Funny short stories. The grass is always greener by Lance Manion

Funny short stories. The grass is always greener by Lance Manion

Funny short stories. The grass is always greener by Lance Manion. Enjoy your Sunday, Yareah readers. Art is everywhere!


Green fields. Photo by Larisa Koshkina

The grass is always greener by Lance Manion. 

When he was in grade school he went to a party where he was told that the apple cider everyone was drinking contained alcohol. It had a funny taste so he took the information at face value and proceeded to drink enough apple juice to drown a horse. He ended up face down and pantless on the front lawn of the young man who was hosting said party.

His parents were mortified.

The apple cider, while freshly squeezed, contained no alcohol.

When he was attending junior high he and his friends decided to try marijuana. They bought a small bag and smoked every last bit of it. He coughed and wheezed and got in touch with the universe and ended up face down and pantless on the front lawn of the same boy who had hosted the party that would forever be referred to as the “Apple Juice Incident.”

Later it was determined that the weed was just oregano.

In high school, as he and his friends were entering a Bruce Springsteen concert, they were approached by a man who offered to sell them psychedelic mushrooms. After a quick vote they decided to invest in the small baggie and made short work of ingesting them, despite the mushrooms tasting worse than anything he’d ever put into his mouth until that time or any time since.

Later, claiming that he was in fact born to run, he sprinted from the stadium just as Bruce and his band were taking the stage. People sitting at the very top of the stands could make out a lone figure darting and laughing and hopping from the hood of one car in the parking lot to another.

Unbelievably, yet perhaps inevitably, he ended up face down and pantless on the front lawn of the same boy who had hosted the original party and then hosted the intimate reunion a few years later.

While it was never conclusively determined that the bag of mushrooms had no psychoactive indole alkaloids, he was the only one to experience any effects.

So there he sat at the edge of a bed years later. A college man now. Only a few people now knew about these embarrassing events in his life. He had put it behind him.

The blotter on his tongue.

And this feeling that he wasn’t going to get fooled again. He got up, did a few windmill motions with his arm and walked out into the world. He was going to stay calm. Not let his imagination run away from him.

It clearly wasn’t acid. It wasn’t working. He didn’t feel a thing.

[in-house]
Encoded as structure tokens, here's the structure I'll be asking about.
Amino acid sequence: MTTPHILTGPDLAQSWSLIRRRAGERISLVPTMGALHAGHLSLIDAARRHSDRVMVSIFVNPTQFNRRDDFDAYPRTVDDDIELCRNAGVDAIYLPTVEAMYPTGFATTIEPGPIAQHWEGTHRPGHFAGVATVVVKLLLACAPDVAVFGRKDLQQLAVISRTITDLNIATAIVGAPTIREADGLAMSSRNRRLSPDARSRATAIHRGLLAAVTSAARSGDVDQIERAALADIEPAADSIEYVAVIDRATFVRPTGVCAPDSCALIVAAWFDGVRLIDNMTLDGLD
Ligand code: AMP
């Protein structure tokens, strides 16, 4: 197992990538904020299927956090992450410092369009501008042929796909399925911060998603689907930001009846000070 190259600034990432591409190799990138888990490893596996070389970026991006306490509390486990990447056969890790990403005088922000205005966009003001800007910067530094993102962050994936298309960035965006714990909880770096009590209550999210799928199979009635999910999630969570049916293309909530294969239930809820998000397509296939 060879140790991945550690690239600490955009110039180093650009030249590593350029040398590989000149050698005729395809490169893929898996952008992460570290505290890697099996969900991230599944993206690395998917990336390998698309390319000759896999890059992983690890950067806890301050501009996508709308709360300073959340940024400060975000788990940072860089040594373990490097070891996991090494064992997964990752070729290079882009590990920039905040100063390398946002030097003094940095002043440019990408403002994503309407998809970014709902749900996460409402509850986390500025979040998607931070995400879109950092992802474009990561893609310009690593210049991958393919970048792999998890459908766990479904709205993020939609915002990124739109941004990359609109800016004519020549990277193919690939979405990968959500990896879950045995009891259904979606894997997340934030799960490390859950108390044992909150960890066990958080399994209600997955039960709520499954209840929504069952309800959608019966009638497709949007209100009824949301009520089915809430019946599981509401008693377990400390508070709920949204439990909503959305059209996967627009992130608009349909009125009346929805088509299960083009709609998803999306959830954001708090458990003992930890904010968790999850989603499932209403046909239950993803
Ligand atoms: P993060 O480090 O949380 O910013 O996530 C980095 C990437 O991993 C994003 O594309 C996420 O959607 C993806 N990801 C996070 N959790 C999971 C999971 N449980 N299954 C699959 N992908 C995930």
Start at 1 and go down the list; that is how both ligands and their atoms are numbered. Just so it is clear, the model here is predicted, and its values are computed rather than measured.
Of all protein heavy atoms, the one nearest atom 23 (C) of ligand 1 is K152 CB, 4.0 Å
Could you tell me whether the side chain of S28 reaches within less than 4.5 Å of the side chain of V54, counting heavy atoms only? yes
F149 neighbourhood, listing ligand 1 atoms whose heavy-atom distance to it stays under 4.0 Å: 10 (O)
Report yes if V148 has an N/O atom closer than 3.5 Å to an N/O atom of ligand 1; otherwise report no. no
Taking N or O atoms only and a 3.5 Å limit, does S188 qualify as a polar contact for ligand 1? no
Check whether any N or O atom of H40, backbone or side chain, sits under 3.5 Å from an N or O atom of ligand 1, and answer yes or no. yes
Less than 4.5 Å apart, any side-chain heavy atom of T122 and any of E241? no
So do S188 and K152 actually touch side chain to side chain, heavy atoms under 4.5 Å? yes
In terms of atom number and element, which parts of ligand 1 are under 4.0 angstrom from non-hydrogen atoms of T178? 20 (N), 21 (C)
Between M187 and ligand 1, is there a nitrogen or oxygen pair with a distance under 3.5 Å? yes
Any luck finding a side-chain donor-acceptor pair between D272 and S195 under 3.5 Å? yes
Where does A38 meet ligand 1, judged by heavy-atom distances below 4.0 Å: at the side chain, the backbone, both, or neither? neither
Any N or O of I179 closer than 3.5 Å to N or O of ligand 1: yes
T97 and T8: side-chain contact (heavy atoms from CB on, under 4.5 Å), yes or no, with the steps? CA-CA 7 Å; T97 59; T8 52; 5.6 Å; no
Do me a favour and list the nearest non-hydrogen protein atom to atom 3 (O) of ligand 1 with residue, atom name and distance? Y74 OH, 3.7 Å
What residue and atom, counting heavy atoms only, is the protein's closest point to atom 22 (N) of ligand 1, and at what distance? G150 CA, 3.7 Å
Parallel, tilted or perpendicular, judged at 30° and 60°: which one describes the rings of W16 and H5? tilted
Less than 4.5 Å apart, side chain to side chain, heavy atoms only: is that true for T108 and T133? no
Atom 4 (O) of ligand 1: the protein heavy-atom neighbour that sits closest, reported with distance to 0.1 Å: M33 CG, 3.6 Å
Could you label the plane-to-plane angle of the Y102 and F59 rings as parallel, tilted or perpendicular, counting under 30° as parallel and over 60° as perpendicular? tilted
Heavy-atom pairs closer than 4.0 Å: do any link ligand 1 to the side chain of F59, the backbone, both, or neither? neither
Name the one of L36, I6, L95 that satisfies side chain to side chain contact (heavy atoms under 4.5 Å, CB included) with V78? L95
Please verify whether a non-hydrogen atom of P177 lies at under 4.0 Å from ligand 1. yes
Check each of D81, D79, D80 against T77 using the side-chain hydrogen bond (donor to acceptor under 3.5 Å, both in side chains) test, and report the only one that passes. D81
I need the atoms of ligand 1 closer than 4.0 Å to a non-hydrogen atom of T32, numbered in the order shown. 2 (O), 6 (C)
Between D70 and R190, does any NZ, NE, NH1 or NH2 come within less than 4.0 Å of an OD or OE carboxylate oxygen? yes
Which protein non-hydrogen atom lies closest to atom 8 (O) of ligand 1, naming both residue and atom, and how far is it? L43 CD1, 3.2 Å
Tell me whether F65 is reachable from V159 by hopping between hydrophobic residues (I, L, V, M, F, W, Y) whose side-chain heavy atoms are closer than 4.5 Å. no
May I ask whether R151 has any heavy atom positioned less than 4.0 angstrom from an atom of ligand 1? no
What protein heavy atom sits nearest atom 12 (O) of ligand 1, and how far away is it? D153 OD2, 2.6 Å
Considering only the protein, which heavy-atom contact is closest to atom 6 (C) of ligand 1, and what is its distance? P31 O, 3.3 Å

At the grocery store he was asked to leave due to his behavior in the produce aisle. His antics with a banana were nothing new but his weaponization of cantaloupe was the stuff of security camera legend.

At the zoo his attempts at donning leopard-skin pants and crocodile-skin boots were made difficult by the fact that the leopard and crocodile were still inhabiting them. It was only a warning from a nearby crow that got him out of the penguin enclosure and safely out of the park before the local authorities could detain him. Maybe he was Apache.

He had somewhere to be. A date. A train to catch, so he ended up the airport. Number seven for takeoff. Standing on the tarmac. Stuck between a 727 and a 707.

He was dazzled by all the lights. He remembered the roar of the lions and the jet engines and the cantaloupe launchers.

Eventually, inevitably, his pants were folded neatly and he was carried back and forth triumphantly on the grassy shoulders of the front lawn. Dave the inchworm.

The next morning his parents, alerted to his recent disappearance by concerned buddies in his dorm, had a hunch where he might be and made the all-too-familiar drive over to collect him.

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Lance Manion has been called demented, hilarious, quirky and well outside the mainstream. He has released 5 collections of short stories, contributes to numerous online flash fiction sites and blogs daily on his website Currently, his fifth book named "The Trembling Fist" is out and promises to be his fifthest yet. I'm sure there are a lot of redeeming features about Lance that we could mention but none of them are coming to mind just now. If we think of any we'll be sure to get back to you.

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